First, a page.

“Well, sir, the day of election came. The returning officer was the bailiff appointed by the Earl of Lonsdale. He was told to adjourn the poll to the following morning, and he did so. In the meantime we got together all the attorneys’ clerks that were to be had within fifty miles, and set them at work to draw up conveyances of my lord’s freeholds. By polling-time the next day, fourteen deeds were engrossed, signed, sealed, and delivered, and an equal number of bran-new electors voted for Charles Young and Robert Ward, Esquires, his lordship’s nominees, and, having so done, returned the deeds, like free and independent electors and good tenants. The gentlemen I have named were elected, and Admiral Greaves and his son were sent about their business!”

Now, methought, I have you on the hip, Mr. Minkinshaw. “I think you said this took place in the year 1812?” I inquired.

“Yes, sir; I am always exact as to dates.”

“No doubt, then,” I replied, “you will remember that the Act forbidding splitting of votes, and requiring six months’ residence in a borough before a vote could be gained, was in force at that time?”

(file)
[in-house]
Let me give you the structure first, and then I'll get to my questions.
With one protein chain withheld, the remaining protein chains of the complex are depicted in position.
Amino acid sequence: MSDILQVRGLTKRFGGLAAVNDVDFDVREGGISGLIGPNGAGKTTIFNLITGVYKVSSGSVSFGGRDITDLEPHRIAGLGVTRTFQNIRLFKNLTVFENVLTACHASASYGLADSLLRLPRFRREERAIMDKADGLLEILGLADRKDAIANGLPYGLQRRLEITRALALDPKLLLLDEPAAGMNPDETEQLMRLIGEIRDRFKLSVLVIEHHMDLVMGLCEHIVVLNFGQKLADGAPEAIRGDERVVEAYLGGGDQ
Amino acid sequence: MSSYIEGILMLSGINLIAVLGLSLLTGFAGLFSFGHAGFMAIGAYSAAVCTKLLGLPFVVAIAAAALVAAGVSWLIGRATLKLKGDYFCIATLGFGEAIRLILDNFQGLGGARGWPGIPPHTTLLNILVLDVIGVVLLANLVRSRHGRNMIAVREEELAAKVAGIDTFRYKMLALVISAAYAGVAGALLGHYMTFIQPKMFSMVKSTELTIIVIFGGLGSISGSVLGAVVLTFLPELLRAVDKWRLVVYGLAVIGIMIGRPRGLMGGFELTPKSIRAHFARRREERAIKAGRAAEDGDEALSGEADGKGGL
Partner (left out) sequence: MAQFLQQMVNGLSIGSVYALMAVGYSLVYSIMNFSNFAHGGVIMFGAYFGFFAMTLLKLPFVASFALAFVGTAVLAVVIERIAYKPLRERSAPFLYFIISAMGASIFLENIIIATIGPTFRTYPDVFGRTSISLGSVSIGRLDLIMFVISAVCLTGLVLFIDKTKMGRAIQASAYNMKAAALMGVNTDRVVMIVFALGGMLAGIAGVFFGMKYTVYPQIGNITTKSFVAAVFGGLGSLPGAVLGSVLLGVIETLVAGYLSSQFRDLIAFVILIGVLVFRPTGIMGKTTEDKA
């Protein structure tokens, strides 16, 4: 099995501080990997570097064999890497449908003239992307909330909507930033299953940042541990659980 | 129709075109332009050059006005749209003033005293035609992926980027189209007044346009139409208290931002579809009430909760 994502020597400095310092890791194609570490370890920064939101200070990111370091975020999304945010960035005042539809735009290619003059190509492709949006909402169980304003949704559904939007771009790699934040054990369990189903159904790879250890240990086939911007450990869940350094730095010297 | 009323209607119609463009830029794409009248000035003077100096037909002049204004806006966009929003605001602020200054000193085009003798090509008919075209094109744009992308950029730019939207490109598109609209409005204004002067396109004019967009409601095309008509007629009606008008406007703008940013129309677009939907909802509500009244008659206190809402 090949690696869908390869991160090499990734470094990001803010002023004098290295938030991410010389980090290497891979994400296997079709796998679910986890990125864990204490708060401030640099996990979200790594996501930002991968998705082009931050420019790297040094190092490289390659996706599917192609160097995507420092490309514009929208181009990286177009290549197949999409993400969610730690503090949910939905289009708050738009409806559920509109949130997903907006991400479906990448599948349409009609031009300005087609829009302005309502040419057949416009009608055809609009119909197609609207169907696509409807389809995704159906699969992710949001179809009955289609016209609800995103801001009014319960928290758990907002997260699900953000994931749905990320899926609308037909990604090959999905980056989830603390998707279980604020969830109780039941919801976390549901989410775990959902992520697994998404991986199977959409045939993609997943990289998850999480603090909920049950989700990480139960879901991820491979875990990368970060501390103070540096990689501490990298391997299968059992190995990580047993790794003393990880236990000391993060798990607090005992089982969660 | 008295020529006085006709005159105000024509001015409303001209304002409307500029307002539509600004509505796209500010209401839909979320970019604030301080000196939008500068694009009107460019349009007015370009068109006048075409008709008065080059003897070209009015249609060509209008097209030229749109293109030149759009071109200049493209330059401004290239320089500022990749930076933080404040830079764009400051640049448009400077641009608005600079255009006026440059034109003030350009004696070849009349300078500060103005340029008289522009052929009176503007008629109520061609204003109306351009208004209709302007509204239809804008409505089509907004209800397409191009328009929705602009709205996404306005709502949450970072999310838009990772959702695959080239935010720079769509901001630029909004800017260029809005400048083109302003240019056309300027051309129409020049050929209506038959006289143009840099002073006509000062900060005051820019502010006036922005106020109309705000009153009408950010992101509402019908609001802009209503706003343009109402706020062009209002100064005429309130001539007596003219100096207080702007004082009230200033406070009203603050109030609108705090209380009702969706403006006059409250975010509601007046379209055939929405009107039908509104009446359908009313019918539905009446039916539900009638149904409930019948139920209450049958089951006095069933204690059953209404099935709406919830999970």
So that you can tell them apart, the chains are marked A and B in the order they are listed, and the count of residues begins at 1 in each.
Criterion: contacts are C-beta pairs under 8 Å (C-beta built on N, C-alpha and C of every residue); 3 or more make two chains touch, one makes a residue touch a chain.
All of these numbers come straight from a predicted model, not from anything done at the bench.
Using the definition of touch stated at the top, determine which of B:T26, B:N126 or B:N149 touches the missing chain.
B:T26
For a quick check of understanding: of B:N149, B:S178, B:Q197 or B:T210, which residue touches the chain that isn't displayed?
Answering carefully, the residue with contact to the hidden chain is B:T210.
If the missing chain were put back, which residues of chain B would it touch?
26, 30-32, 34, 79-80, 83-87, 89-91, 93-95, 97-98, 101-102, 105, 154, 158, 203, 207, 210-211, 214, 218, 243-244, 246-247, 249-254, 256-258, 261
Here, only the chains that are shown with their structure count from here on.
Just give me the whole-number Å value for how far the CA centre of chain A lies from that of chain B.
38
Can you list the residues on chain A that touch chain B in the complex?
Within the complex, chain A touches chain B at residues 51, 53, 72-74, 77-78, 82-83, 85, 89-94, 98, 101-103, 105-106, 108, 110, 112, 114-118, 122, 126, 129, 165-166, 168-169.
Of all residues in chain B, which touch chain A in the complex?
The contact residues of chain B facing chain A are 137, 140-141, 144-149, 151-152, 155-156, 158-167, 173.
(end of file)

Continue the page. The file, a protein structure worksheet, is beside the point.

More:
“Of course it was. What then?” demanded the Minkinshaw, fiercely.

“According to your own showing, all the freeholds belonged to Lord Lonsdale, immediately before the election, and also immediately afterwards. Admiral Greaves should have petitioned against the return.”

“He did petition, and was beaten.”

“Then,” I urged, somewhat nettled, “you have not acquainted us with all the circumstances of the case. If he proved what you have stated, he must have succeeded!”

"If he proved it—ay! It was all as notorious as noon-day; but he couldn’t prove it with legal evidence. First of all, he called Lord Lonsdale’s steward as a witness that all the freeholds belonged to his master; but the steward was objected to, being a confidential agent, and was not allowed to give evidence. Then the petitioner tried to examine my lord’s rent-collector, to prove that the freeholders (?) had paid rent before and after the election; but his evidence was held to be inadmissible, for the same reason. No man can be called upon to disqualify his own vote, therefore none of the freeholders who voted could be witnesses. Mr. Disney was counsel for the petitioners, and jawed away sixteen to the dozen, I can tell you, but it was of no use. The committee rejected his witnesses, and the petition was dismissed.”